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The USGA uses the lowest 10 out of your last 20 rounds to find your handicap.

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Q: How many scores does it take to get a handicap index?

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3 completed score cards.

You have few options: 1) join a club 2) join a club which offers basic membership for handicaps and possible reduced green fees. e.g. Silvermere 3) EGU option 4) Use one of the various online handicap companies which charge £25 (give or take a few quid) e.g. Elite golf solutions 5) Use one of the free online systems. e.g. Punk golf magazine online

Not necessarily. If you are bowling scratch, which means just your total pin count versus your opponent's total pin count, then yes the highest score wins. However if you are bowling with handicap, extra pins to help make it an even match, then even though you may have bowled the higher score, if your opponent has enough pins of handicap, they may beat you. There is an example listed below. Bob's Average is 210 Tim's Average is 180 but he he gets 27 pins of handicap per game Using 90% of the difference between average and 210. Bob's Scores: 212, 218, 225 = 655 series Tim's Scores: 195, 192, 190 = 577 series By these scratch scores, Bob has beaten Tim by 78 pins. However if you add the handicap in (27 pins a game x 3 games), the results are different. Bob's Scores: 212, 218, 225 = 655 series Tim's Scores: 195, 192, 190 = 577 series + 81 pins = 658 Tim Now now beaten Bob by 3 pins.

Please be more clear in your question as I have absolutly no idea what you are saying (10 handicap)

The average handicap is probably around 23. There will be players who shoot over 100 consistently but are not that serious about golf. Then there are others who play a lot who get into the low 80's. With that said, shooting about a 95 is a good average handicap.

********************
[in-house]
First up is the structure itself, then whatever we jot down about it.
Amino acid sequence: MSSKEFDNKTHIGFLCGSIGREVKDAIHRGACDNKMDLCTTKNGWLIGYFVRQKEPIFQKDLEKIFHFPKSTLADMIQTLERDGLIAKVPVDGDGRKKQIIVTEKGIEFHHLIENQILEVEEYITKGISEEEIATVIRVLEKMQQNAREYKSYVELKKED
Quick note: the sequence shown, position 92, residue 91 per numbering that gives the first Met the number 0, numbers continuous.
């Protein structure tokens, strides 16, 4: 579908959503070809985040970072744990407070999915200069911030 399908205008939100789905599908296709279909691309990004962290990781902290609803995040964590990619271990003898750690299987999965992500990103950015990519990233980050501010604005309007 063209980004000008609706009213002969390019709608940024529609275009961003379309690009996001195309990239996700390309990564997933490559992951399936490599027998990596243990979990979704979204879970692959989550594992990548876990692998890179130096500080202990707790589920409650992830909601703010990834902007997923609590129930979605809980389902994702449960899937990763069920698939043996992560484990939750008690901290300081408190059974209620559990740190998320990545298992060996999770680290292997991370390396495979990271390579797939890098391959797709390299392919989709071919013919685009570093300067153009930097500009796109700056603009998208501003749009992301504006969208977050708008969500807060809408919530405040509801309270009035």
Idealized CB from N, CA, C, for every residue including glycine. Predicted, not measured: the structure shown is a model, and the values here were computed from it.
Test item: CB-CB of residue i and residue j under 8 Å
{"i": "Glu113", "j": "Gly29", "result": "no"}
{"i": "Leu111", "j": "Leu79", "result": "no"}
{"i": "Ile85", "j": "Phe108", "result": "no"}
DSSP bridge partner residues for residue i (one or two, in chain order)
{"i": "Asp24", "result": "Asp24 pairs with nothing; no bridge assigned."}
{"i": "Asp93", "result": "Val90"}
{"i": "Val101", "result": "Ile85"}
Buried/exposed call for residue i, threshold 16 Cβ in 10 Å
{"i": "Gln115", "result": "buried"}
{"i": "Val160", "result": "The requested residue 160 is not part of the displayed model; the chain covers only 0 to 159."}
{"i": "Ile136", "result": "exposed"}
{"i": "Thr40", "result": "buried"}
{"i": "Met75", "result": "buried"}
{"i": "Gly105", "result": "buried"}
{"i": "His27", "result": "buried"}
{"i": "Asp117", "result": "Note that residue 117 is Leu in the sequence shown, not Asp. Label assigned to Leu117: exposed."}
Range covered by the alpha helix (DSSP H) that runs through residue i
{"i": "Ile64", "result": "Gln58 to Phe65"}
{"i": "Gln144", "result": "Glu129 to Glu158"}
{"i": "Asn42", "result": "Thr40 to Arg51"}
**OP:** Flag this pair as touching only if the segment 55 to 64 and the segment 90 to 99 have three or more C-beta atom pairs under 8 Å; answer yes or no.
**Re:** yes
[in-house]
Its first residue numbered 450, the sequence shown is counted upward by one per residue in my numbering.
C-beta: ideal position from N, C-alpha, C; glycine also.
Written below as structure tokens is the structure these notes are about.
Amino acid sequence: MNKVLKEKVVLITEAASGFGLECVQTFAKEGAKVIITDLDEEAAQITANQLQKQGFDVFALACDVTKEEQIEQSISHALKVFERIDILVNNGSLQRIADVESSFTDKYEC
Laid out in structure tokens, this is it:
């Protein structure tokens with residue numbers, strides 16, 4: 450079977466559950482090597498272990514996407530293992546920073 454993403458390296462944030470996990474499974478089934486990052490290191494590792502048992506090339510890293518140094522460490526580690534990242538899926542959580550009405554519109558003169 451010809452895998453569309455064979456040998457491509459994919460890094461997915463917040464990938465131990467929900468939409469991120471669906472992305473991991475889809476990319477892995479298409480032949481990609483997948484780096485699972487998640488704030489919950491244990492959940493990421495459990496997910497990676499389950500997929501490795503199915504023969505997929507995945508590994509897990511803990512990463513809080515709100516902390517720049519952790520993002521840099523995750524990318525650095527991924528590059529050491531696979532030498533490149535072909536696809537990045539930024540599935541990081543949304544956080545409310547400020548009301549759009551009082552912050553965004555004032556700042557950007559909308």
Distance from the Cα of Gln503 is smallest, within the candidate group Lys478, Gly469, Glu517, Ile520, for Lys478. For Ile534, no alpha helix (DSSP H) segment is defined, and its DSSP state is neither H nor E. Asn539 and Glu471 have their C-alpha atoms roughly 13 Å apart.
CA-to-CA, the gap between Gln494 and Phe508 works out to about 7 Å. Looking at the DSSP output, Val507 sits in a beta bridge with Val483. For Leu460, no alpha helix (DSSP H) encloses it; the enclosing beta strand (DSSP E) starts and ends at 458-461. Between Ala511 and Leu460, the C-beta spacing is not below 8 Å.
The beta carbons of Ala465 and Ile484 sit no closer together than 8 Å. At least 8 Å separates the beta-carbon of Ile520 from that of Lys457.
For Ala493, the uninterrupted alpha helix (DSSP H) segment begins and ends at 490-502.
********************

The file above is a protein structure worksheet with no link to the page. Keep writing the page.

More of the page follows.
You subtract your average from 200 and then multiply it by .9AnswerIf, for example, your league is based off a 200 handicap system, your handicap is worked out accordingly:(200 - Average) x 80% = hanidcap.For example, an average of 190:(200 - 190) x 80% = 8If your league is off a 210 handicap system, just replace the 200 with 210 in the formula.It depends on who authorizes the handicap. The authority assigning the handicap also stipulates how it will be calculated. A common calculation that I've encountered is a percentage of the difference between a bowler's average & a target score, e.g. 90% of the difference between the bowler's average & 270.In Bowling:To determine handicap you must first know your average. Take total number of games bowled and add the scores together. Then Divide by the total number of games bowled. For instance. Take the scores from three games of bowling and add them together. Then divide by three. This is your average bowling score (184 + 199 + 172 = 555. 555 / 3 = 185. Your average is 185).Handicap Percentage is set in the bylaws of the league you joined. If you are unsure, ask your league secretary. The typical is 90% of 210/200. The number 210 represents the average game score across the league.Take the average game score and subtract your average. Then multiply that number by the handicap percentage and you get your individual handicap. For example, if we take our average of 185 and subtract it from 210 we get 25. 90% of 25 is 22.5 or 23 pins of handicap (210 - 185 = 25. 90% of 25 or 0.9 x 25 = 22.5 which we round up to 23).